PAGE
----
Roundup: The art of protest, Dakota Access edition; a Trump tower, with pigs
Art and the Dakota Access Pipeline protests. A conversation about freedom of expression in Russia. And an imaginative idea for blocking Donald Trump’s building logo in Chicago. Here’s the Roundup:
— The Army Corps of Engineers has denied a permit for the Dakota Access Pipeline. Writer and editor Hrag Vartanian has been on the scene to talk to artists involved in the protests, conversations that have been gathered into a pair of podcasts — one that explores why artists are getting involved, and another that examines the role of art in protest. Hyperallergic, Hyperallergic
— A look at how Paul Cheyok’ten Wagner, a member of the Coastal Salish ethnicity, updated the design of the teepee into the “tarpee” so protesters could better weather North Dakota’s winter. Seattle Globalist
— Vladimir Putin says he supports artistic freedoms — even as he supports the severe sentence of a theater director who opposed Russia’s invasion of Crimea. New York Times
— Since we’re on the subject of Putin: A member of Pussy Riot offers warnings about freedom of expression under Donald Trump. New York Times
— Sort of related: The Chicago architectural firm New World Design has come up with a proposal for blocking the unseemly views of Trump’s giant name signage in Chicago. It involves pigs that fly (sort of). The Architect’s Newspaper
— Plus: How the architecture of Trump’s buildings is indifferent to truth. Artforum
— Arguments begin before a three-judge panel in Pasadena over a Nazi-looted painting by Camille Pisarro that once belonged to the Cassirer family. Plus, what’s it’s like to discover that you have a Nazi-looted painting hanging in your house. Fox 32, Los Angeles Times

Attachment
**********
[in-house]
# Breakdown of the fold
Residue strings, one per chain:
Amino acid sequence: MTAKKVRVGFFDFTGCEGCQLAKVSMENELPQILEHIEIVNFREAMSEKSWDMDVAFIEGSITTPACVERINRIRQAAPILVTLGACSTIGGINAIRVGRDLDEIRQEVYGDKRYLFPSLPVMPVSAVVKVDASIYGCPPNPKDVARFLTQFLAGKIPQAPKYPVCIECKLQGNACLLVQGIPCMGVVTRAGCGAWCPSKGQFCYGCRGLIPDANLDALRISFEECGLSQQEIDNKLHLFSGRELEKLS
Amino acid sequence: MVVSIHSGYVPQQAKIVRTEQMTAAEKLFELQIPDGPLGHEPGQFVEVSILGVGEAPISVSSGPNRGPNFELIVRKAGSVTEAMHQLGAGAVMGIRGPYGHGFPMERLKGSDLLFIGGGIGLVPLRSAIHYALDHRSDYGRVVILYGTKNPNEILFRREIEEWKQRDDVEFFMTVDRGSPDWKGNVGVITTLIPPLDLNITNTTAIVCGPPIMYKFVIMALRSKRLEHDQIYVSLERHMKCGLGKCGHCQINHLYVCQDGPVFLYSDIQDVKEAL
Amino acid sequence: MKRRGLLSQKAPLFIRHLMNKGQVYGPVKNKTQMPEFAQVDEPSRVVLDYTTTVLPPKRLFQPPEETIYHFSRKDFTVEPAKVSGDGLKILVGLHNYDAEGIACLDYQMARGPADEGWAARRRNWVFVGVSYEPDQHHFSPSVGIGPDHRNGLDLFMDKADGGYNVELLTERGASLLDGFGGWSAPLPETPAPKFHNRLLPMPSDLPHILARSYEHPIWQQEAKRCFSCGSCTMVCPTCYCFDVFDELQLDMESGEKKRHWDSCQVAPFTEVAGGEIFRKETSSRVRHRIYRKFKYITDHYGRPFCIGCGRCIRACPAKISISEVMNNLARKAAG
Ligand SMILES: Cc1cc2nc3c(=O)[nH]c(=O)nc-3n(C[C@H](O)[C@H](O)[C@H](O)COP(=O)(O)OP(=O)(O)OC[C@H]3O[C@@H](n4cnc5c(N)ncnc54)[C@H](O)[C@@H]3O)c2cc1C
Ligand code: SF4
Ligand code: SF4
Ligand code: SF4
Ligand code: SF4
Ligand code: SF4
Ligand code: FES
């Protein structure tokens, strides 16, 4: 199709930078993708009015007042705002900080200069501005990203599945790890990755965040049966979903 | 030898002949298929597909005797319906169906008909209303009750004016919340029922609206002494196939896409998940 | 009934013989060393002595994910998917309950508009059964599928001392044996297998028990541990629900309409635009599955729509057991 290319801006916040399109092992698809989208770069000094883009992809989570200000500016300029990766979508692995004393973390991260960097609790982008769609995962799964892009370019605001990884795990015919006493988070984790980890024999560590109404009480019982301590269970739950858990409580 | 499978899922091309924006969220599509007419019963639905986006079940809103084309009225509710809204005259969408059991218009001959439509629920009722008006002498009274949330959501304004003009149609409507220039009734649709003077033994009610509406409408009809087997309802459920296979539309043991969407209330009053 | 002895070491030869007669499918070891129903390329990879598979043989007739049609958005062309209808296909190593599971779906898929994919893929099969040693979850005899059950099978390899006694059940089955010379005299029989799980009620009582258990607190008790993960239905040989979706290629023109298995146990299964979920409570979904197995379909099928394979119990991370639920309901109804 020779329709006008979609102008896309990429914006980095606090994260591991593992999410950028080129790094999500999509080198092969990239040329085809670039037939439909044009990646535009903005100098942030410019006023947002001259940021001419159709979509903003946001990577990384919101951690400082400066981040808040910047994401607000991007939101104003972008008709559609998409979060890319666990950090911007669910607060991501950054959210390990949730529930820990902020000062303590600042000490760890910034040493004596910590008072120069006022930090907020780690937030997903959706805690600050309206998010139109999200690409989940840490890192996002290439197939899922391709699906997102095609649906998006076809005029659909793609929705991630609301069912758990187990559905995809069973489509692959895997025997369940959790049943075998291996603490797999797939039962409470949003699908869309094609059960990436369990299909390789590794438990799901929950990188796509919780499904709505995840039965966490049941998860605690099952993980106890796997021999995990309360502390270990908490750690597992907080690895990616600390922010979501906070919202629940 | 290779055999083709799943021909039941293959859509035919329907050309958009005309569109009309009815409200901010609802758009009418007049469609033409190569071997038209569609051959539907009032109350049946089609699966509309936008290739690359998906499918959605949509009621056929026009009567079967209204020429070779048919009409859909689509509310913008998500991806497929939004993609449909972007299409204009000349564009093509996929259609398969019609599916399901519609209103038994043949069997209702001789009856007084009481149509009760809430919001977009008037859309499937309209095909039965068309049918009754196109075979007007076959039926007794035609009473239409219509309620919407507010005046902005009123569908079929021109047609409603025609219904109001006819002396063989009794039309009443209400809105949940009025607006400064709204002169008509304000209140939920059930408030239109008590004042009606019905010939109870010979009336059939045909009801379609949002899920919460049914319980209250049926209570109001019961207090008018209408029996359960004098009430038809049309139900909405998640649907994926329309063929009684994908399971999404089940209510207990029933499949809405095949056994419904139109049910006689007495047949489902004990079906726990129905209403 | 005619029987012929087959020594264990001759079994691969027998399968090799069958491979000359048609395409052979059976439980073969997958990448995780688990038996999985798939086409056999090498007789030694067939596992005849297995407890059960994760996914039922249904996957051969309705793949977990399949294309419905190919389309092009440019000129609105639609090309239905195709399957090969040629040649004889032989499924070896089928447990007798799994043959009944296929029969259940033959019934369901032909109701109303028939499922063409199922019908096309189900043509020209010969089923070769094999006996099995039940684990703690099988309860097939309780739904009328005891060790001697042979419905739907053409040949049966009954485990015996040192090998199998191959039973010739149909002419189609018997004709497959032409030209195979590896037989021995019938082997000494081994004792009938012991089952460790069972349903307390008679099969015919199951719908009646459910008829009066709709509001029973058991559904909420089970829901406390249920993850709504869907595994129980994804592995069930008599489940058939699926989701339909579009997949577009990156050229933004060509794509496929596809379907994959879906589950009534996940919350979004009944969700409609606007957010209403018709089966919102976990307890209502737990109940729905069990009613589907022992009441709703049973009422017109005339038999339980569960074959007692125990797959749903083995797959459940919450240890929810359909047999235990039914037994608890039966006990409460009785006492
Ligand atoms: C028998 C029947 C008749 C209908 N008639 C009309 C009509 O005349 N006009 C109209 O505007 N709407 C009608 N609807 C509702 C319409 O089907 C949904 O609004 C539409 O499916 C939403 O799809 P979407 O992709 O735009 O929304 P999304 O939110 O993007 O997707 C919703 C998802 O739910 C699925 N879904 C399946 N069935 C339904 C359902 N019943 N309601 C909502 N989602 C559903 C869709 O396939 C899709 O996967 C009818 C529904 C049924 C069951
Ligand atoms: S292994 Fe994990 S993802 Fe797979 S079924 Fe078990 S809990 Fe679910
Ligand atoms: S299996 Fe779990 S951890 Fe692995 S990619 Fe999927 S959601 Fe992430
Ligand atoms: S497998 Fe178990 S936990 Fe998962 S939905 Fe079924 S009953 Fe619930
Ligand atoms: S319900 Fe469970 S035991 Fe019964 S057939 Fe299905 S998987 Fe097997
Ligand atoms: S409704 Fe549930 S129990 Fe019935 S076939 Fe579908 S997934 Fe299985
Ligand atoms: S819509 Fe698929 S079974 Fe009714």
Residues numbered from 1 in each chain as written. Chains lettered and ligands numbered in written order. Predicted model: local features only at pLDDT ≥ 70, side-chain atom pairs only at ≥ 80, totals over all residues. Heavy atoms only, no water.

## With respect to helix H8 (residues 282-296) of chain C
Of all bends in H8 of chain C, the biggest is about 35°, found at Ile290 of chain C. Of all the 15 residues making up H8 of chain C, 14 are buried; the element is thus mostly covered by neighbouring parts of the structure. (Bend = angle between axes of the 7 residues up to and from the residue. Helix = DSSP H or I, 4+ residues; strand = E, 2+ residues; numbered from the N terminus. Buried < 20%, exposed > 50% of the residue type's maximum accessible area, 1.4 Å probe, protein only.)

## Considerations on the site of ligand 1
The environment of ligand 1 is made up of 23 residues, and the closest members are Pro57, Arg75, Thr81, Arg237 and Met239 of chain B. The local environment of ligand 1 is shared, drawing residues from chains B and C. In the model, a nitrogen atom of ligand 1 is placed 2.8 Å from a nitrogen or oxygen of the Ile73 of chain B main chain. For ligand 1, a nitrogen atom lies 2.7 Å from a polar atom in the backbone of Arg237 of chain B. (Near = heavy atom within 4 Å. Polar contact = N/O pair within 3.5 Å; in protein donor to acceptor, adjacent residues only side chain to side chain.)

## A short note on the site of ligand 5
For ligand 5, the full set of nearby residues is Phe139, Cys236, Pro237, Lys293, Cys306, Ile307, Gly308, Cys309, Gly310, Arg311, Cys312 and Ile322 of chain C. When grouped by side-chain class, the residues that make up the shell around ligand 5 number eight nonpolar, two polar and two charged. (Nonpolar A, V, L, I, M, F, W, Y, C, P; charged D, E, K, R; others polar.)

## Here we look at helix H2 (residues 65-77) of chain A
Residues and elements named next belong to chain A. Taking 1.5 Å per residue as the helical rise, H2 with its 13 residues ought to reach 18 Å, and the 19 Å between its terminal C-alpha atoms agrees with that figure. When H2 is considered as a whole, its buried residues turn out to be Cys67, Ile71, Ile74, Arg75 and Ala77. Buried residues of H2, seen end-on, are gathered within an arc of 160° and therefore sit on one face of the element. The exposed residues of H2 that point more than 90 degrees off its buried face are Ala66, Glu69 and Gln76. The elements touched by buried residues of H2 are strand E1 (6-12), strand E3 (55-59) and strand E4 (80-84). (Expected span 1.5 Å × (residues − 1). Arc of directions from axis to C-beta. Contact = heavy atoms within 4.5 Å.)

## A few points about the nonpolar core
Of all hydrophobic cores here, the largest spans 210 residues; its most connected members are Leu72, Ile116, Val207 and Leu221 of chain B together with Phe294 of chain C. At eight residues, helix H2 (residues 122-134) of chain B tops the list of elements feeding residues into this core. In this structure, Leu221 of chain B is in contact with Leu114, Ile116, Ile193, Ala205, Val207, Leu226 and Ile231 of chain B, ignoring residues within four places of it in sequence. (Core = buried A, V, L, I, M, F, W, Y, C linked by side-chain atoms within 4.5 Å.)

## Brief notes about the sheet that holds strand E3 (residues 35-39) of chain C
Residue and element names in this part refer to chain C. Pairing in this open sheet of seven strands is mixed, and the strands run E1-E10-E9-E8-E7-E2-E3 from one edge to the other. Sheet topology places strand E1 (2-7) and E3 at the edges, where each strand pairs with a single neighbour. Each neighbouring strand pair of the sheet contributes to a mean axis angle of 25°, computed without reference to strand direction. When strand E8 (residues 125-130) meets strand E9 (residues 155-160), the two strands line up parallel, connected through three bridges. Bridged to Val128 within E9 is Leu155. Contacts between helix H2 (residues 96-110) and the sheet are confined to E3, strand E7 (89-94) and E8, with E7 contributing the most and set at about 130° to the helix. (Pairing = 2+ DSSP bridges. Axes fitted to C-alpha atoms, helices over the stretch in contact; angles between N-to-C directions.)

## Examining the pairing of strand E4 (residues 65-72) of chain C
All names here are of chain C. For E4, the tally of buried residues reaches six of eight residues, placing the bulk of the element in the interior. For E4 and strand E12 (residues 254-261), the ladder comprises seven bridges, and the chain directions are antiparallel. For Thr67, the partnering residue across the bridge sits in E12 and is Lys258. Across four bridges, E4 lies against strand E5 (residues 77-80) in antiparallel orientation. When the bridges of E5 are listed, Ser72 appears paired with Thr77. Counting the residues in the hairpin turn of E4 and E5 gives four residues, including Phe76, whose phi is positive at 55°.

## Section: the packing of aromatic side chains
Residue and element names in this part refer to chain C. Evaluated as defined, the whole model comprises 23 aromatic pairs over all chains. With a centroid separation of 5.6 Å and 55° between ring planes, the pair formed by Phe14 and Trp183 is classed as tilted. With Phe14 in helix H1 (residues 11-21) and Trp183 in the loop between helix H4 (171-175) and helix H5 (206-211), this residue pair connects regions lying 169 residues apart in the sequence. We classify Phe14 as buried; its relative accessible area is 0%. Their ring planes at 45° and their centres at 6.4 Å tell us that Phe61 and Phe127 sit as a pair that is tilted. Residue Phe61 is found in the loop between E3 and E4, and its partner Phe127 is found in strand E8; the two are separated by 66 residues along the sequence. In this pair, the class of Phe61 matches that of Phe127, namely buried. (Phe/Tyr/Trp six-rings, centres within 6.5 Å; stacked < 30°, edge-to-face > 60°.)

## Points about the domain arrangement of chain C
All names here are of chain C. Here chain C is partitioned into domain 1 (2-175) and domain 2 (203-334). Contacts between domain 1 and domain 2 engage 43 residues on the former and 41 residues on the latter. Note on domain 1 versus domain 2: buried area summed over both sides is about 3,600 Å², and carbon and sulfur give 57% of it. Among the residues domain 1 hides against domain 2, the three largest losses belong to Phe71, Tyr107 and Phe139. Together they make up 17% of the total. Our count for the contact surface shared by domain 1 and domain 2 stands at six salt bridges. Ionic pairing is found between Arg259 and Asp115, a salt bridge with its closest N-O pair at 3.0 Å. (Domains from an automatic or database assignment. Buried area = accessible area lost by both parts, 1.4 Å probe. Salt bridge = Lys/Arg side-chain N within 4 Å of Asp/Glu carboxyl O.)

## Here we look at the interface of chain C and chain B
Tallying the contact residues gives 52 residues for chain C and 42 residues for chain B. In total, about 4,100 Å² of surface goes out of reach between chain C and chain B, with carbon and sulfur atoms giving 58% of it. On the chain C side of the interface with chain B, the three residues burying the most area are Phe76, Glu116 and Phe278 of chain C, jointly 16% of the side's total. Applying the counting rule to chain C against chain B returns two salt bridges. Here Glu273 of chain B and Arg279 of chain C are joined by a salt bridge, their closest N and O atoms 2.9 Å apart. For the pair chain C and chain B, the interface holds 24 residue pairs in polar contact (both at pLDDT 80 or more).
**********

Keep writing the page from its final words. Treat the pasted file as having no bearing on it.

— Early last month, the Los Angeles Police Department announced it would treat an anti-gallery graffiti in Boyle Heights as a hate crime. But the Boyle Heights Alliance Against Artwashing and Displacement protested that charge in a press conference. “As someone who is white, who has been living in this community for 22 years, I have never experienced any anti-white sentiment,” Elizabeth Blaney, co-executive director of Union de Vecinos tells Matt Stromberg. Hyperallergic
— And a key property near Mariachi Plaza will be sold by the city of Los Angeles for development. But it doesn’t appear that low-income housing will be part of the program. Urbanize.la
— Santa Ana College is reviving its mural program. OC Weekly
— Stephen Mnuchin has resigned from the board of the Museum of Contemporary Art in Los Angeles after being appointed Treasury secretary by Trump. Los Angeles Times
— Lewis McAdams is stepping down as head of the nonprofit Friends of the Los Angeles River, the organization he helped found three decades ago. KCRW
— Photos may offer rare glimpse of Paul Gaugin in Tahiti. New York Times
— Places of liberation: Elle Pérez’s intimate images of queer clubs. Aperture
— Honest museum audio tours. New Yorker
— Loving the Persian palaces of Beverly Hills. This is really good. Curbed
— What Western accounts of Kowloon’s infamous Walled City left out. ArchDaily
— Priscilla Lovat Fraser, formerly of LACMA, takes over as director of the MAK Center for Art and Architecture in West Hollywood. The Architect’s Newspaper
— Thing you most definitely need: A profile of Pedro Almodovar. New Yorker
— And last but not least, your moment of humans photobombing a police cam in animal costumes. This is the sort of things that gives me hope for humanity. Gardner, Kan Police Department Facebook (h/t Marnie Weber)
Find me on Twitter @cmonstah.
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